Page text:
Meanwhile, in the Grammar Crisis room....

Friday, August 25, 2006

A strange interlude with a phantom

I had a strange experience while driving the other day - while going home, I passed a "Phantom Gourmet" truck.
For those of you not from the Boston area, the Phantom Gourmet is a restaurant critic. The brand has expanded to include radio bits and a TV show. However, the "Phantom" in the fellow's name implies he wishes to keep his identity secret. In fact, here's an excerpt from the Phantom Gourmet website:
The Phantom Gourmet is an anonymous restaurant critic who dines in disguise, never revealing his identity and always paying his own bills. That way, he serves up the most honest and trustworthy restaurant reviews possible. Other recognizable critics frequently get special food and service. Phantom forgoes these perks so that his restaurant experience will be similar to yours.

We are to assume, I guess, that driving around in a truck marked "The Phantom Gourmet" doesn't affect his anonymity. I wonder if he doesn't also wear a sandwich board poster saying "Yes, I am a restaurant critic."
Apparently, this Phantom's conditions on anonymity are nowhere near as good as those of the ghost-who-walks.

Tuesday, August 22, 2006

MSN bitches about commercials, too

Apparently, I'm not the only one who complains vociferously about commercials: MSN has a piece up about the best and worst commercials of 2006.
Never mind the fact that we're in the middle of August (August, last I checked, was the 8th month, not the 12th), the writer names the "Headon" commercial as the worst of the year.
Really? Headon? Remember, this year saw the release of "Little Man." The ads for "Little Man" would ruin the appetite of a starving man.
Also borne from this year was the Taco Bell clown. That ad destroyed any chance of my ever eating at a Taco Bell again. In fact, I intend to purchase a franchise for the sole purpose of shutting it down. Stuff that in your pipe and smoke it, you goddamned clown! (That is, if the clown owned a pipe, and if my rage could somehow manifest itself into a rank chunk of tobacco.)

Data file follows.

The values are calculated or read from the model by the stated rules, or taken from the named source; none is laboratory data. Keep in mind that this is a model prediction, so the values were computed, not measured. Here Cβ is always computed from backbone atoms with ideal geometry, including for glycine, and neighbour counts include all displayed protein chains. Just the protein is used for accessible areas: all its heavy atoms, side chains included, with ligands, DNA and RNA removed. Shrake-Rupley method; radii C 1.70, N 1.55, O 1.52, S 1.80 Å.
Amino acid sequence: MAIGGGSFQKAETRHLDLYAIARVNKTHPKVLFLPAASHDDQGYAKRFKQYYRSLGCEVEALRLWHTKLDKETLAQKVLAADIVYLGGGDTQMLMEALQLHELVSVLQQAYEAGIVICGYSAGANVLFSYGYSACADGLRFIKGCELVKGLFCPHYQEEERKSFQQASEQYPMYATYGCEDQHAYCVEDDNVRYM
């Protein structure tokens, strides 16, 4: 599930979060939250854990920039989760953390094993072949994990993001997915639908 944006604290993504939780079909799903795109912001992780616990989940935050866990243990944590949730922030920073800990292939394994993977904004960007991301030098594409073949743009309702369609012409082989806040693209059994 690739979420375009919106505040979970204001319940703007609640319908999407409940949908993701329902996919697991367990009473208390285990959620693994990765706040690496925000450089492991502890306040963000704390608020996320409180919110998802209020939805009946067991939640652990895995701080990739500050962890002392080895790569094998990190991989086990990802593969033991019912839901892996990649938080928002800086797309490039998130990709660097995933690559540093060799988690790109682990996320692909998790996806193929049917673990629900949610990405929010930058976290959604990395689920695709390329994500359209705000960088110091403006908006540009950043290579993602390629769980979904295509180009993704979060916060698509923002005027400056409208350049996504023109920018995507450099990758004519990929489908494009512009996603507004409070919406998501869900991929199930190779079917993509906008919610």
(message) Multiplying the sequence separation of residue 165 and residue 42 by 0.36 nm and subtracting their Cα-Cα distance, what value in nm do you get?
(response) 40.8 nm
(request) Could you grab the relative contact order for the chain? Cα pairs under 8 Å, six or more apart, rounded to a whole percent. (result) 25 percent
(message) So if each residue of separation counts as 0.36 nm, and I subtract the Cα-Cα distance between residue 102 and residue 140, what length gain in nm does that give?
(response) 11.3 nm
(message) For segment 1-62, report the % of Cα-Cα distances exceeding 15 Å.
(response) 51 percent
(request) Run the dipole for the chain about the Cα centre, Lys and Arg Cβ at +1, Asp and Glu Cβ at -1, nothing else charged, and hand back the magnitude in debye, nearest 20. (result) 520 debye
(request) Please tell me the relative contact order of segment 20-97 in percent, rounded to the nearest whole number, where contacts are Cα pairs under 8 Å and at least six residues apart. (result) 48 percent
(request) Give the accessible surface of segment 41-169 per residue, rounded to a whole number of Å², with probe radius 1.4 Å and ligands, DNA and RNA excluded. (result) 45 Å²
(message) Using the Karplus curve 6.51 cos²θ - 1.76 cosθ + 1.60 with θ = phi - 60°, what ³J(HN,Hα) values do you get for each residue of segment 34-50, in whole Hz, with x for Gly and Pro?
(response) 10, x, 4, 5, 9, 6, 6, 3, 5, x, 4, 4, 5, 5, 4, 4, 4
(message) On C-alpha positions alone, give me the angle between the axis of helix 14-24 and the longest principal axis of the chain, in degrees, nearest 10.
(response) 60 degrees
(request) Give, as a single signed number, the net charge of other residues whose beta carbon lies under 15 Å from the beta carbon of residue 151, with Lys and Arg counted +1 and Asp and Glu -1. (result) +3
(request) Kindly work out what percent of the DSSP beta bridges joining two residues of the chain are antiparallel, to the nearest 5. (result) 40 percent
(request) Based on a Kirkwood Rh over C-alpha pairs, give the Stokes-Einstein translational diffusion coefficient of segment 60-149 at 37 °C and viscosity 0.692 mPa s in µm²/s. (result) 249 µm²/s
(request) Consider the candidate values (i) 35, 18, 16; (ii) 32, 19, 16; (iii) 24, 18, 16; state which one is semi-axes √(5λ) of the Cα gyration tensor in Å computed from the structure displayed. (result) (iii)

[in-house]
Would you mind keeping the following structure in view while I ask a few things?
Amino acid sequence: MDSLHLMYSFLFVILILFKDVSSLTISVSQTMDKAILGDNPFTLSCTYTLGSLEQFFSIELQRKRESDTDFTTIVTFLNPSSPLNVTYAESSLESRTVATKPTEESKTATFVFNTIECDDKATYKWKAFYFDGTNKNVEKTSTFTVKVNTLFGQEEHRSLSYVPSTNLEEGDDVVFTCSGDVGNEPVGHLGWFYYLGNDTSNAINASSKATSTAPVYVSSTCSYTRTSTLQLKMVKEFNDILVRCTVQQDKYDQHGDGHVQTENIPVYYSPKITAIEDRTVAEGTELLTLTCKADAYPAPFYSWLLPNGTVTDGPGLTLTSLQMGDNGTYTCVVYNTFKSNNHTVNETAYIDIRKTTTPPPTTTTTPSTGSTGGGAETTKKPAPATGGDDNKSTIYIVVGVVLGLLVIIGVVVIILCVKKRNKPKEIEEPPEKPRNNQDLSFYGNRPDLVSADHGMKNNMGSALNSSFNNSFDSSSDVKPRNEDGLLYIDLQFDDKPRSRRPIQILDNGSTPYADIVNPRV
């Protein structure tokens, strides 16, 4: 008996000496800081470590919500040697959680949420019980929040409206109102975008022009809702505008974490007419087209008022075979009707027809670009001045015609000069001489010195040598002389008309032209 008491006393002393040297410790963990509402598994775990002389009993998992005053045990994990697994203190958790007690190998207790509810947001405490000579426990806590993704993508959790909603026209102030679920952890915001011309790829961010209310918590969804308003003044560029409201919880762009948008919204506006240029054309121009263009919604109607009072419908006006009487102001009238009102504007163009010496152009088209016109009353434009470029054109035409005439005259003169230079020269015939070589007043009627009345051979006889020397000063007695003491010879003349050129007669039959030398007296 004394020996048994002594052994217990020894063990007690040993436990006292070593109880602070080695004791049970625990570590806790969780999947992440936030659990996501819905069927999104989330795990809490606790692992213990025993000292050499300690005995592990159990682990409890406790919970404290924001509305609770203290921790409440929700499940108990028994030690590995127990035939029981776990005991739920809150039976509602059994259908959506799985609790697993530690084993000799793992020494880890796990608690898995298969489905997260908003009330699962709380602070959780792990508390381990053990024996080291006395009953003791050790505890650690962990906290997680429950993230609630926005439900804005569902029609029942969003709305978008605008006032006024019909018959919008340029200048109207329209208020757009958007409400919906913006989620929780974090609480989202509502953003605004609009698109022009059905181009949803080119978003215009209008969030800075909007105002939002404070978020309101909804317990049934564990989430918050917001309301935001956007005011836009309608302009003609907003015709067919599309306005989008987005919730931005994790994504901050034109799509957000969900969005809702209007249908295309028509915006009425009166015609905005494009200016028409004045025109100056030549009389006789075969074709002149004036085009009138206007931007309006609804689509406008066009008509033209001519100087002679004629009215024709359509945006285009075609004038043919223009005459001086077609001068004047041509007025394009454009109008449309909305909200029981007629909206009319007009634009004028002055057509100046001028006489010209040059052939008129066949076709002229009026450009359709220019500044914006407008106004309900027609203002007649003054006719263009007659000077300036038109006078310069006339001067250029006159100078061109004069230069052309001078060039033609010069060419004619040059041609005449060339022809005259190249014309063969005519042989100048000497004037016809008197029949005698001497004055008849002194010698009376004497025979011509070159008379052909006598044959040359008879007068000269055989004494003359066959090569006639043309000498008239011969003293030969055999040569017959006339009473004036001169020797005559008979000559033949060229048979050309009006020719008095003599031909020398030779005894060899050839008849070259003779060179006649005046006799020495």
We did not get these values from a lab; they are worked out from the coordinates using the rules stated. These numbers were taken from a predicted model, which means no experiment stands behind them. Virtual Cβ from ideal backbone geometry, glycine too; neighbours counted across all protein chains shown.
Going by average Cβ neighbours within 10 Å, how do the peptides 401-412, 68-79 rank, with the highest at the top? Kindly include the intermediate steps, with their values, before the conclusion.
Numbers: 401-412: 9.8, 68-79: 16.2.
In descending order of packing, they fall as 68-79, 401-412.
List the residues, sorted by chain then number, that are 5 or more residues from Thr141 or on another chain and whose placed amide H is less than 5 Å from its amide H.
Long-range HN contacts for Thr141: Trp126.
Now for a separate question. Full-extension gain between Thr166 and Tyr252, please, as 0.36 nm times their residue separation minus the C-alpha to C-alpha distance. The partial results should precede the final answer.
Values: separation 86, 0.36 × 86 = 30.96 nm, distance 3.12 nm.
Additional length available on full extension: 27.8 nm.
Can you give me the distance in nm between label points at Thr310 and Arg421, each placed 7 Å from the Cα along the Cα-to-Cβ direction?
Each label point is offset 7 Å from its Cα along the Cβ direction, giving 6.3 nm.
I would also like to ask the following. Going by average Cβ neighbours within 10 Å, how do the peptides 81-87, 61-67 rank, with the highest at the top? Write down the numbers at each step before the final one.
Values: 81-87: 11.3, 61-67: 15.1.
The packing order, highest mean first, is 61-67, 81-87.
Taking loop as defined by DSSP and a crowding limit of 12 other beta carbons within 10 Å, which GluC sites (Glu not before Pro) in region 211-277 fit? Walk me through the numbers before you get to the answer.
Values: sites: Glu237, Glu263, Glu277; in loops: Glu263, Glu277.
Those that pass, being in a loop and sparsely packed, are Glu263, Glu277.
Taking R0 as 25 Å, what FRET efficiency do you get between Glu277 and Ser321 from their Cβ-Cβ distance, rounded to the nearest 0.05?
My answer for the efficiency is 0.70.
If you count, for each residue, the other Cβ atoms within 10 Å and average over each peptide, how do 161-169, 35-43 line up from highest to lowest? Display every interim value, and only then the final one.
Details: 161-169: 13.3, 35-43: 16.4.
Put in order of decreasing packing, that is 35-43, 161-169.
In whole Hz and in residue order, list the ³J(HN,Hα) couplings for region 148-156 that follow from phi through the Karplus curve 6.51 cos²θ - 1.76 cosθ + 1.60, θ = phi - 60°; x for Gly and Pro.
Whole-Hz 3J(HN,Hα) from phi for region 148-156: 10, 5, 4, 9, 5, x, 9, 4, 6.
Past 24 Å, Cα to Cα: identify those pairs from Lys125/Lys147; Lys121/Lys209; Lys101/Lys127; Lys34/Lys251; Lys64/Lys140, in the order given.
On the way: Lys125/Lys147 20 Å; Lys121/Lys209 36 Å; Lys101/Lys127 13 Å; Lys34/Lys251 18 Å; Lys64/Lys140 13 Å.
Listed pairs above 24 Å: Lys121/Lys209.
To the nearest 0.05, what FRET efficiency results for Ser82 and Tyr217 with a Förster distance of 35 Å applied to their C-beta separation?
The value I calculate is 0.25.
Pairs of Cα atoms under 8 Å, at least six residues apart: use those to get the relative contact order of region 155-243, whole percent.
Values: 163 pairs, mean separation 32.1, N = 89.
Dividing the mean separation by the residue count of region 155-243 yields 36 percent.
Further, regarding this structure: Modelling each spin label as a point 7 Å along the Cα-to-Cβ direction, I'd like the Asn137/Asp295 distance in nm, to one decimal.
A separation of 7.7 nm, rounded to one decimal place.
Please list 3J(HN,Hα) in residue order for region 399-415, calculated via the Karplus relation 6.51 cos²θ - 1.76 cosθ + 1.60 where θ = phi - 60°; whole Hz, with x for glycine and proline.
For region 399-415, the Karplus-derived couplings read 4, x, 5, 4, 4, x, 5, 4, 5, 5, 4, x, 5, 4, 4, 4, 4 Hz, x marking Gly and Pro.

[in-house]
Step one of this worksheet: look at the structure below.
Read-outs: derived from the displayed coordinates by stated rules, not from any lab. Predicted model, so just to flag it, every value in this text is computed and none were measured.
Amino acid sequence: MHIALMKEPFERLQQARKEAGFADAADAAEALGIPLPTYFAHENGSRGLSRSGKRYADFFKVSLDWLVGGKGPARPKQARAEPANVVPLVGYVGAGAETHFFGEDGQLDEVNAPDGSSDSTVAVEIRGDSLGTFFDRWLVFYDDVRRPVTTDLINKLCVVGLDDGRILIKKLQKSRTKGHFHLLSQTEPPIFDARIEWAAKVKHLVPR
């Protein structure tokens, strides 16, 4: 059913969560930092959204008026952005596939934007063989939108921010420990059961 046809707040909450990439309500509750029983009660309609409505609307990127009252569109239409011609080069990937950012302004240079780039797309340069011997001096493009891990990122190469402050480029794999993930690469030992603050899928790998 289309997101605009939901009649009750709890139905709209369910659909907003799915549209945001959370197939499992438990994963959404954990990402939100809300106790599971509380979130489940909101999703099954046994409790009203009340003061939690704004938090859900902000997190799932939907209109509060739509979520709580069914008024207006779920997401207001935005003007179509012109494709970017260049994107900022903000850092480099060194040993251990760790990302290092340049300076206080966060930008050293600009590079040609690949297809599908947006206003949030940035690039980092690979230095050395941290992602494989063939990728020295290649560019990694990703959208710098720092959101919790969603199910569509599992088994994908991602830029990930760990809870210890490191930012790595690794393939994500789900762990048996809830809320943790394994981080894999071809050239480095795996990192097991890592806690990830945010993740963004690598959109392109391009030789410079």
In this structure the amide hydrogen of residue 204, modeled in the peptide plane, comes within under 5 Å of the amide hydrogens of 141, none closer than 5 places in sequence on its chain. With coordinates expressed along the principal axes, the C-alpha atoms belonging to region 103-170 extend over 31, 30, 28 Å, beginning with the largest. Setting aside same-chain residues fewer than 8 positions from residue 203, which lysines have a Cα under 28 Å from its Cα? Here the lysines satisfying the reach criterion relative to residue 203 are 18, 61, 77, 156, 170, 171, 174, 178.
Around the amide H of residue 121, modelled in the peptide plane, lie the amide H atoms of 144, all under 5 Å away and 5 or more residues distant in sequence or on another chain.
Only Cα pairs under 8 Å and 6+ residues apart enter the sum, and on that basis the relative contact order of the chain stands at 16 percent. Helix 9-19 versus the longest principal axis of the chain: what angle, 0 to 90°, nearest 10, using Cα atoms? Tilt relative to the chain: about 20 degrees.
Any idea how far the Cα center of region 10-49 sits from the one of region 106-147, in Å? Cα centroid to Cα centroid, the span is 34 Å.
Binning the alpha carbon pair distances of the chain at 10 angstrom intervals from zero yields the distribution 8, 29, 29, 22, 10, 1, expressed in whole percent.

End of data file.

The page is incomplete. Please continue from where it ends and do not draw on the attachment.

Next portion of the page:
Sure, the Headon commercial may annoy with repetition ("Headon! Apply directly to the forehead!"). It may even rankle some with its poor production values.
But is it a genuine sign of the apocalypse, like the face of a Wayans brother appearing on the body of a child? I think not.
MSN, consider yourself schooled.

Friday, August 18, 2006

Would a just and merciful God allow sequels to Jim Carrey movies?

Well, they finally went and did it - a second sequel to Ace Ventura: Pet Detective may be on the way. And without Jim Carrey. Apparently, Hollywood never learns. What makes this movie even more likely to suck is the fact that Ace Ventura: When Nature Calls was absolutely horrible. Everything that made the first movie funny had been removed (well, except for Carrey), and the entire experience is painful.
Apparently, I'm not the only one who though Snakes on a Plane was worth a blog posting: both Taylor Long and Brian Drew have recountings of SoaP screenings. However, mine is the only one that mentions bees, so I win!

Bees? Plane? Samuel L. Jackson?

As we all know, Snakes on a Plane is now in theaters. However, the Wall Street Journal recently had an article about bees swarming planes and causing problems in the Southwest. Apparently, this real phenomenon occurs with the Africanized bee, commonly known as the "Killer Bee."
Does anyone else smell sequel?
A swarm of bees would be more than enough to draw the ire of Samuel L. Jackson, causing him to become goddamn sick of these mother-f'in bees! Bees are also naturally creepy, just like snakes!
Additionally, the movie would be able to use the based on true events tag, previously reserved only for movies about people from the wrong side of the tracks rapping their way to the top, or dedicated high school teachers who teach tough inner-city youths to learn, while simultaneously learning to be more "street."
Hollywoodland, call me!

Wednesday, August 16, 2006

Dead Rising - About a week later

Bought the new 360 Game Dead Rising last week, but decided to let it age a bit before I posted about it.